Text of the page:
Thursday, October 19, 2017

'Only the Brave' is a Beautiful Yet Flawed Tribute Movie

Miles Teller and Josh Brolin face off in Only the Brave (Black Label Media)

 MOVIE REVIEW 

Director Joseph Konsinski makes a good point when he says, “In an age of superheroes, Only the Brave is a film about real heroes.” Truly we can afford to see more true-life adventures of the men and women who protect us. Only the Brave aims to bring tribute to the 20 men who battled the deadly Yarnell Hill Fire in Arizona back in 2013, but sadly, the film falls on its own sword in its attempt.

Though beautifully shot, Only the Brave is a frustrating movie and proves that it can’t get by on looks alone. It begins with a rocky start of bad lines and finishes on a sour note. Though the trailers promise an exciting adventure about a forest fire, the movie is more of a drama with a fire in the backdrop. This in itself isn’t a bad idea, but as a tribute all of the men, the script chooses to only focus on two characters: Fire supervisor Eric Marsh and rookie firefighter, Brendan McDonough. The rest of the guys are given about two lines of dialogue each and often it’s in the form of locker room talk rather than the matter at hand. These men were heroes, but they are presented as sort of a good ‘ol boys club instead. The story moves at a snail’s pace and then suddenly, it’s over and it becomes apparent that we really didn’t learn much about any of these other characters. With that said, what the film gets right is the interaction between Marsh and McDonough played by Josh Brolin and Miles Teller respectively.

Only the Brave is based on the true story of the Granite Mountain Hotshots featured in Sean Flynn’s GQ article “No Exit: The Granite Mountain Yarnell Fire Investigation.” The Hotshots literally fight fire with fire, but even after watching the movie, I’m not exactly sure how. What is clear though is how tough the job is.


The movie opens with Marsh on his way to work when his wife, Amanda (Jennifer Connelly) confronts him about the fight they had the night before. The two apologize to each other and I applaud this film for not making this couple perfect. At the office, Marsh interviews different men wanting to join the ranks of the Hotshots. Brendan McDonough is one of those guys. After finding out this his ex-girlfriend is pregnant with his child, Brendan tries to clean up his act by getting off drugs and proving himself (and her) by joining the team, therefore being able to provide for them. Brendan is clearly not up for the task, but Marsh sees something in the young man and gives him chance. After a half hour or so, the audience learns what it was that inspired Marsh to give McDonough the chance. Both actors are very good in their roles and play off one another great.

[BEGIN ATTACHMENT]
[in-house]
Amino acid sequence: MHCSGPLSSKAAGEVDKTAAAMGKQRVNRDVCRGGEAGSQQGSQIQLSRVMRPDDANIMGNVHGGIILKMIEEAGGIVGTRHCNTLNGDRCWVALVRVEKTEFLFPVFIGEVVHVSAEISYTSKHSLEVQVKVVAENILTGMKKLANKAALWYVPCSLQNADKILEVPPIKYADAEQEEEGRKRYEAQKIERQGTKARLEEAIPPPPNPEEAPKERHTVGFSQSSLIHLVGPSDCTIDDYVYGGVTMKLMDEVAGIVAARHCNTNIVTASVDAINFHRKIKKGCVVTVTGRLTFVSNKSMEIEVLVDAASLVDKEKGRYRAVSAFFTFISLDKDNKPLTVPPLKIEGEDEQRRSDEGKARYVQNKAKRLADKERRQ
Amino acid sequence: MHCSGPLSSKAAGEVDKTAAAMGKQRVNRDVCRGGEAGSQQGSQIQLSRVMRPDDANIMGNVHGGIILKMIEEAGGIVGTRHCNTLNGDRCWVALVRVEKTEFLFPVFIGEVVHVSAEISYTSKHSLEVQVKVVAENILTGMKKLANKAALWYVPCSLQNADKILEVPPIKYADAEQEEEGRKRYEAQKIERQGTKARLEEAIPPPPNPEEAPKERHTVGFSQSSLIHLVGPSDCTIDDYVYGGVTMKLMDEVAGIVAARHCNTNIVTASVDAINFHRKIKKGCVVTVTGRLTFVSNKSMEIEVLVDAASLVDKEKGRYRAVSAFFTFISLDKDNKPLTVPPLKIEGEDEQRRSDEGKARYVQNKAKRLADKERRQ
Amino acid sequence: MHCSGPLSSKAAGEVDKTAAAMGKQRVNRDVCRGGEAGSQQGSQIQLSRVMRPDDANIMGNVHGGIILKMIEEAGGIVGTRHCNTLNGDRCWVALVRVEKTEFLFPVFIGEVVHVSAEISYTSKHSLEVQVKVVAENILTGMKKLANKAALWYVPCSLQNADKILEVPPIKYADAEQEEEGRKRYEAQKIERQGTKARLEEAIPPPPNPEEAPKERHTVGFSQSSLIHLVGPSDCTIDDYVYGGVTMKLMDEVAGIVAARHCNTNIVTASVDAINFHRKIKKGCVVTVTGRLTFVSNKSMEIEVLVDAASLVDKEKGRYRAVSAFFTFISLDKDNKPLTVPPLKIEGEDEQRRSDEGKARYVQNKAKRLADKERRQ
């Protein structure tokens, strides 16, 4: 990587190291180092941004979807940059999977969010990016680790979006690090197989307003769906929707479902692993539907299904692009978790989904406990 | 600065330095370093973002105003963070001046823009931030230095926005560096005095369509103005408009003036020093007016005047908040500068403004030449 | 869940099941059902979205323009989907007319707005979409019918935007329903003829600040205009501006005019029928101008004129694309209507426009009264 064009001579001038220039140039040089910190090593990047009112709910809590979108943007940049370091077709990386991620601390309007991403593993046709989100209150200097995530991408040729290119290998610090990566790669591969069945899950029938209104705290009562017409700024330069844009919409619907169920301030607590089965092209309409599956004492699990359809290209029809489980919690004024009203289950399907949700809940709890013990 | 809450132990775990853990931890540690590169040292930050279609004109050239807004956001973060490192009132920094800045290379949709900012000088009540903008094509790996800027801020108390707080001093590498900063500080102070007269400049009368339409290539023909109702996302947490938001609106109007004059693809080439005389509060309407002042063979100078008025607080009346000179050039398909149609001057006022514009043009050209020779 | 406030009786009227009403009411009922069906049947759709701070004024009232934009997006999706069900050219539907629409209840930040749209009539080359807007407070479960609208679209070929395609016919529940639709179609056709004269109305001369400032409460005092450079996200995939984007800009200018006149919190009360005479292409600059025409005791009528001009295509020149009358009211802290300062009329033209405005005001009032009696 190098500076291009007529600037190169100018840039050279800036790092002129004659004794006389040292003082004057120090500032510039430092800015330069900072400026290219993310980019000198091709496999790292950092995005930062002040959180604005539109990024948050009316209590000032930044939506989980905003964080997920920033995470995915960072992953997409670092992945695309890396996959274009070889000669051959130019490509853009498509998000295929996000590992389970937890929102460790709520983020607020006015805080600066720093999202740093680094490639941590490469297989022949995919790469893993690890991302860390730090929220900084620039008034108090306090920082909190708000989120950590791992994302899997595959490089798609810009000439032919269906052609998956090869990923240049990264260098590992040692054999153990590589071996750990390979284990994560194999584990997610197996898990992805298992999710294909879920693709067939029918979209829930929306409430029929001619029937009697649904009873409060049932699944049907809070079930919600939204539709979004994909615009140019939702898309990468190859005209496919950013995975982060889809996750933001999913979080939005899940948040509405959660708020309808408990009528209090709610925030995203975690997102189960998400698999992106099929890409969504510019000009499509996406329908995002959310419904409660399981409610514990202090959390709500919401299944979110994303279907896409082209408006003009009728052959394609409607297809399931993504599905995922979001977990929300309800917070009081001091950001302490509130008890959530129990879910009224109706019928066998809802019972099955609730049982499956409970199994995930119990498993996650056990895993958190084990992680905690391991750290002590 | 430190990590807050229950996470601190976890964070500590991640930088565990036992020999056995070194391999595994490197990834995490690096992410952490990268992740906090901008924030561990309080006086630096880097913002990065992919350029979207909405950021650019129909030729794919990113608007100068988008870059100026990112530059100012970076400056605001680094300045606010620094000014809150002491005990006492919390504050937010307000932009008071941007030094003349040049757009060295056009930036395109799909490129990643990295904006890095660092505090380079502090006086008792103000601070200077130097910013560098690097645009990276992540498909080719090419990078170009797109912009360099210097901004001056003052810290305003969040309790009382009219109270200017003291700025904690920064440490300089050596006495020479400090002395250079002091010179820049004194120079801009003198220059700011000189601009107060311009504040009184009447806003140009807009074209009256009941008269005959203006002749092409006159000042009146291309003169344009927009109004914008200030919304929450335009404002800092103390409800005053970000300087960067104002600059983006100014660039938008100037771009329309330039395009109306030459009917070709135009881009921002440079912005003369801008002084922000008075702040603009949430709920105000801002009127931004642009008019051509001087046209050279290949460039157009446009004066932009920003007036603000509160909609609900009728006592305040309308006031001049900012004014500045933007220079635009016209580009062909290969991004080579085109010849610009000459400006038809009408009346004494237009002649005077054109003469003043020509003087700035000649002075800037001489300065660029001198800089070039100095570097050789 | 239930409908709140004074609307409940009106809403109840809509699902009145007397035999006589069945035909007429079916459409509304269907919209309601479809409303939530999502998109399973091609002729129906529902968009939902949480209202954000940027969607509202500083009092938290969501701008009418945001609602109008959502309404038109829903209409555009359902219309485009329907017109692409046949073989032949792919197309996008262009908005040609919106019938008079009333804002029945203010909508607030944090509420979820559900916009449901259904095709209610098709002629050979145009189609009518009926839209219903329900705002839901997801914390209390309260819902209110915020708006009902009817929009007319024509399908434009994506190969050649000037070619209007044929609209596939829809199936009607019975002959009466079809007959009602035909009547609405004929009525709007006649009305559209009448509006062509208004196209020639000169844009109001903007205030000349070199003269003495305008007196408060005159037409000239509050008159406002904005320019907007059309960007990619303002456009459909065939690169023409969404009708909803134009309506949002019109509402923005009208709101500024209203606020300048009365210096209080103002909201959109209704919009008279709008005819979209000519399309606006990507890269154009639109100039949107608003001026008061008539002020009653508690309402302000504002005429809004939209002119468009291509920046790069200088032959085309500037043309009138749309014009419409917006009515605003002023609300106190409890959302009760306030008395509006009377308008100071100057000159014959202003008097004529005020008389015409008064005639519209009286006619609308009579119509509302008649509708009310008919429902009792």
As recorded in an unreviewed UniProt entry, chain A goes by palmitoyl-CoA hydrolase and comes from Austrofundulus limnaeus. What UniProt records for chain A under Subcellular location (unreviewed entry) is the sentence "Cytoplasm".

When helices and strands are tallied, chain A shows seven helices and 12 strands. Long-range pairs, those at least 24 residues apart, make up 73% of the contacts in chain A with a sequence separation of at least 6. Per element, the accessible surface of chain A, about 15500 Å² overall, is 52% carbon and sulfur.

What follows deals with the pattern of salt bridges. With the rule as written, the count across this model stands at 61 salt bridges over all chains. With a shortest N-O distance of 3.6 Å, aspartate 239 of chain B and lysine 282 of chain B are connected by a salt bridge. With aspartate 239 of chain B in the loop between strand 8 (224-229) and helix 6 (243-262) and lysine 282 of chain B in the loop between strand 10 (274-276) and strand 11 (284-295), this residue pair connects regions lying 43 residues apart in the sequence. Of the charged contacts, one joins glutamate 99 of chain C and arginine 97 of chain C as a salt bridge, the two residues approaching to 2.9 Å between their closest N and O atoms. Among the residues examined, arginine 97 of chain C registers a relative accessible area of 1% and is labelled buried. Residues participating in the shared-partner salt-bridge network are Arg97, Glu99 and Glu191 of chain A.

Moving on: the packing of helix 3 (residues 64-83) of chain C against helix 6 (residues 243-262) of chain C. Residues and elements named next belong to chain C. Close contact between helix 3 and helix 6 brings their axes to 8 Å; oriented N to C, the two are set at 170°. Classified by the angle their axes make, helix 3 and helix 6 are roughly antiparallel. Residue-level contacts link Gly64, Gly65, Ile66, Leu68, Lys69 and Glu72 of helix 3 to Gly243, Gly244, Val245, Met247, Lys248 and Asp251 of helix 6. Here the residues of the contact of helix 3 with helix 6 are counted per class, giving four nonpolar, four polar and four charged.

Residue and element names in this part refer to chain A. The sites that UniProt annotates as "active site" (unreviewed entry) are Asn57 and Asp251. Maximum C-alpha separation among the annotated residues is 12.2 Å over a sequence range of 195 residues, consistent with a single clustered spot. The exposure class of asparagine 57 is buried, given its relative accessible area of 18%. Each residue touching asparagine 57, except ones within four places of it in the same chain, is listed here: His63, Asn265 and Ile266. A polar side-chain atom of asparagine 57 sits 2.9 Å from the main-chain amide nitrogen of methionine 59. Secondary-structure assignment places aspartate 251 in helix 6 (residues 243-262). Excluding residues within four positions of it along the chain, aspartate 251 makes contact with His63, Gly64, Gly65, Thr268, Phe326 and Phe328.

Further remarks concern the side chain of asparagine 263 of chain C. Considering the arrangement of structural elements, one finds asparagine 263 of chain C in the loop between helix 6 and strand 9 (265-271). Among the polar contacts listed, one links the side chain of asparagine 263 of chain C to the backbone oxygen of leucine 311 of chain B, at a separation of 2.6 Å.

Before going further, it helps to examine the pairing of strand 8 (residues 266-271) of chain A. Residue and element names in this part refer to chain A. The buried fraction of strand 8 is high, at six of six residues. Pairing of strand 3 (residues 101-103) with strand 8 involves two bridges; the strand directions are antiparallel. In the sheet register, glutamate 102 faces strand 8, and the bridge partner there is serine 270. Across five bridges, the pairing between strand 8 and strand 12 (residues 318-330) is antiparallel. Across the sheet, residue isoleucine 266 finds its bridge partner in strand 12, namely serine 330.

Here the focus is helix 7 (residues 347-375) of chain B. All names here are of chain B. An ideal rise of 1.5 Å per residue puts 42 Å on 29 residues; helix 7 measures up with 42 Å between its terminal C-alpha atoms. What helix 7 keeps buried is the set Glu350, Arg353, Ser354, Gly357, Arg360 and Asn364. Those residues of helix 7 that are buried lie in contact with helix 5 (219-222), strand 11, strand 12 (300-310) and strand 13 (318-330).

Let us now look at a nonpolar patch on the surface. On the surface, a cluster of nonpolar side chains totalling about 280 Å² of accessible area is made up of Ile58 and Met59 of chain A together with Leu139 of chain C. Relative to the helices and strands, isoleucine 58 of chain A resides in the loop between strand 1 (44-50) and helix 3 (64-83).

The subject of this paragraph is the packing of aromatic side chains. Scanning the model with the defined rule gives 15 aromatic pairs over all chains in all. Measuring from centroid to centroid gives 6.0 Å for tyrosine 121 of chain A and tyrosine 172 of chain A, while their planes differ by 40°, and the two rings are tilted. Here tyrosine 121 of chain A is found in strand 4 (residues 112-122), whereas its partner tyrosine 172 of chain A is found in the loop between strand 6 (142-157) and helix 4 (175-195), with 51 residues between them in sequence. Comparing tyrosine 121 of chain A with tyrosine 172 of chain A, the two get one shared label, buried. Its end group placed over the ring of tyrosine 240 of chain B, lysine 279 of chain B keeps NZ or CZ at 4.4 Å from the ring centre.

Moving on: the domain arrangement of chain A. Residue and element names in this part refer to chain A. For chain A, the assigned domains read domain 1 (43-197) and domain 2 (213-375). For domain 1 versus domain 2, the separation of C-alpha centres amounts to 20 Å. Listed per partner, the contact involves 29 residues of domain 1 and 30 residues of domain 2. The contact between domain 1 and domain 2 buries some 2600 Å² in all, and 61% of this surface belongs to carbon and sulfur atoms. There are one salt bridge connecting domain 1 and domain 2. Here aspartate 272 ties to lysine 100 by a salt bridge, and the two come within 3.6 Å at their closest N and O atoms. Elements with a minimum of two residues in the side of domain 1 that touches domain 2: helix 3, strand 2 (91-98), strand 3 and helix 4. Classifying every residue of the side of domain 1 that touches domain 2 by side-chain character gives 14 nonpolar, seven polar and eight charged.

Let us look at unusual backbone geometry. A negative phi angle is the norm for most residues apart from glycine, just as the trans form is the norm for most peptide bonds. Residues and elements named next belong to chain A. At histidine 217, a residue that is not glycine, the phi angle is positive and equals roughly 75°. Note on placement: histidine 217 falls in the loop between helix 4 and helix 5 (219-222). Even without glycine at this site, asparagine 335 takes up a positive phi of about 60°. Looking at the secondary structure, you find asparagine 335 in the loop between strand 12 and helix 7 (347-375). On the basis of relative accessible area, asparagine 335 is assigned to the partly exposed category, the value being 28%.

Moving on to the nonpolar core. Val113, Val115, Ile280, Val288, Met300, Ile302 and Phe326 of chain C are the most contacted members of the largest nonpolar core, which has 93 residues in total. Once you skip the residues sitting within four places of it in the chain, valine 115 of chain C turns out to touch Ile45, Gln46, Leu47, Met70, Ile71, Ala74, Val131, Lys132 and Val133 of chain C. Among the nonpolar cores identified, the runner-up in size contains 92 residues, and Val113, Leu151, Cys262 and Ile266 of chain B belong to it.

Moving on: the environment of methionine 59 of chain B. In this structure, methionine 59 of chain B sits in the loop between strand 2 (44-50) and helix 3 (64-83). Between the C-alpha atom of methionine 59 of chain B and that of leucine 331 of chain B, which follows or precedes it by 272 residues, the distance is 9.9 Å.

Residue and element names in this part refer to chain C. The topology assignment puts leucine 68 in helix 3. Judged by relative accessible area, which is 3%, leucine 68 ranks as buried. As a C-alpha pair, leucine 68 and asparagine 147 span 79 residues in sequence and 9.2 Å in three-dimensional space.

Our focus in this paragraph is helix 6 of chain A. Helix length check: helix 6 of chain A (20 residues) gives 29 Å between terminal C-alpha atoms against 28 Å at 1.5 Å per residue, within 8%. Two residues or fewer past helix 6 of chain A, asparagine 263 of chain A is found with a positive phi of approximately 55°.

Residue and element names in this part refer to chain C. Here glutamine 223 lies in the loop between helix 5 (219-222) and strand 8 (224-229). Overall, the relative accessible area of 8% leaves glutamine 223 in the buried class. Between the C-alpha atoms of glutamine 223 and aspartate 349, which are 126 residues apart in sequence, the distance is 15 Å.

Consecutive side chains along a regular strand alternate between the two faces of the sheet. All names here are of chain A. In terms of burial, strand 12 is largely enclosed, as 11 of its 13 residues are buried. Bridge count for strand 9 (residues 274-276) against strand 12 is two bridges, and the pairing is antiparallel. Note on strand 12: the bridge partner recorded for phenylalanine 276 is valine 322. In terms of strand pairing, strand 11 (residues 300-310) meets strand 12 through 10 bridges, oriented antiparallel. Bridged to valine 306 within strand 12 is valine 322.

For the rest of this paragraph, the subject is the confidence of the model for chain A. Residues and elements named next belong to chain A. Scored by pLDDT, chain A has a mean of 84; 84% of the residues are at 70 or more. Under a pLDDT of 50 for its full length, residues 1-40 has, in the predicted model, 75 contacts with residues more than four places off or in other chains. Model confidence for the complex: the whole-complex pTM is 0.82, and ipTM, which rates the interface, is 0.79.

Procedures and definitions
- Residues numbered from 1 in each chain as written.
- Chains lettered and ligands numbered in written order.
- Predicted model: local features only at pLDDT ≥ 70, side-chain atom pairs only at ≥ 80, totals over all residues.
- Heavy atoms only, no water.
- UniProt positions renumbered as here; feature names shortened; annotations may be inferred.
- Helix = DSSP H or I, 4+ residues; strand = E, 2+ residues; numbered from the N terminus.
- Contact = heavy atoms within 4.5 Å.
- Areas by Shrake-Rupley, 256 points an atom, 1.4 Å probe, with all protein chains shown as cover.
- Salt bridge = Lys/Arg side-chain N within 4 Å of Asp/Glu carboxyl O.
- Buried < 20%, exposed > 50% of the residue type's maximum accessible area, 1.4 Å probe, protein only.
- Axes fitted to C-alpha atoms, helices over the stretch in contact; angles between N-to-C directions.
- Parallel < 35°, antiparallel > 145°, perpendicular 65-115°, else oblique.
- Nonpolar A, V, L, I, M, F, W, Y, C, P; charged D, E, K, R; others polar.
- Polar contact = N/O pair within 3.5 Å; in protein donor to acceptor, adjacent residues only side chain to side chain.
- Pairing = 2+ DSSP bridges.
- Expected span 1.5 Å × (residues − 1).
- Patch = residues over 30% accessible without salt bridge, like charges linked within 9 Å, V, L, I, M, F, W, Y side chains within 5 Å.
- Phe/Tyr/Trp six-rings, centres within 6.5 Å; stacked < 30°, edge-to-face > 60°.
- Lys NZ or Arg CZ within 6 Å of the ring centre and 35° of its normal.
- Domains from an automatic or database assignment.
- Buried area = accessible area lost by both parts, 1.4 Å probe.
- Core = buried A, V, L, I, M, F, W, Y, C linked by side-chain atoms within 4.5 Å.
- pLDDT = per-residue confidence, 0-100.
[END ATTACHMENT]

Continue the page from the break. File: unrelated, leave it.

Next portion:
As is expected with movies like this, Brendan doesn’t mesh well with his new team, but he is determined to make a better man out of himself. We also learn that firefighting is also hard on the spouses. Amanda slowly becomes more agitated with her husband being away from home so often and desires to start a family, something he does not. Unlike other similar movies, this one gives Amanda more to do than just pout. She’s a horse trainer/rehabilitation special (or something) and for some reason, is given a fairly long scene getting a horse to trust her as she cleans up its wounds. Perhaps its a metaphor of her relationship with her husband? She is also able to hold her own when arguing with her husband. This helps round out Eric’s character as well as she forces him to deal with his issues rather than avoiding them.

Unfortunately, Andie MacDowell doesn’t get as much to do. She plays the wife of Duane Steinbrink (Jeff Bridges), who is the Prescott Wildland Fire Chief. She only gets to say two or three lines of dialogue including this gem, “It’s hard sharing your man with a fire.” She and her husband serve as listening ears and shoulders to cry on for both Amanda and Eric. One scene plays out nicely with Duane giving Eric some sage advice outside under the glow of a lantern.

The bottom line here is that the film feels half-finished. There are a lot of painfully awkward lines spoken in Only the Brave. Fortunately, most of them are spoken within the first half hour. The film also moves very slowly to the film's climax and then suddenly its over and you're left wondering, "This is it?" In the film’s sudden haste to finish up and get the credits rolling, it would have been nice to see how Brendan is adjusting to life after the big fire. Instead, we are left with a rather somber ending rather than an inspiring one.

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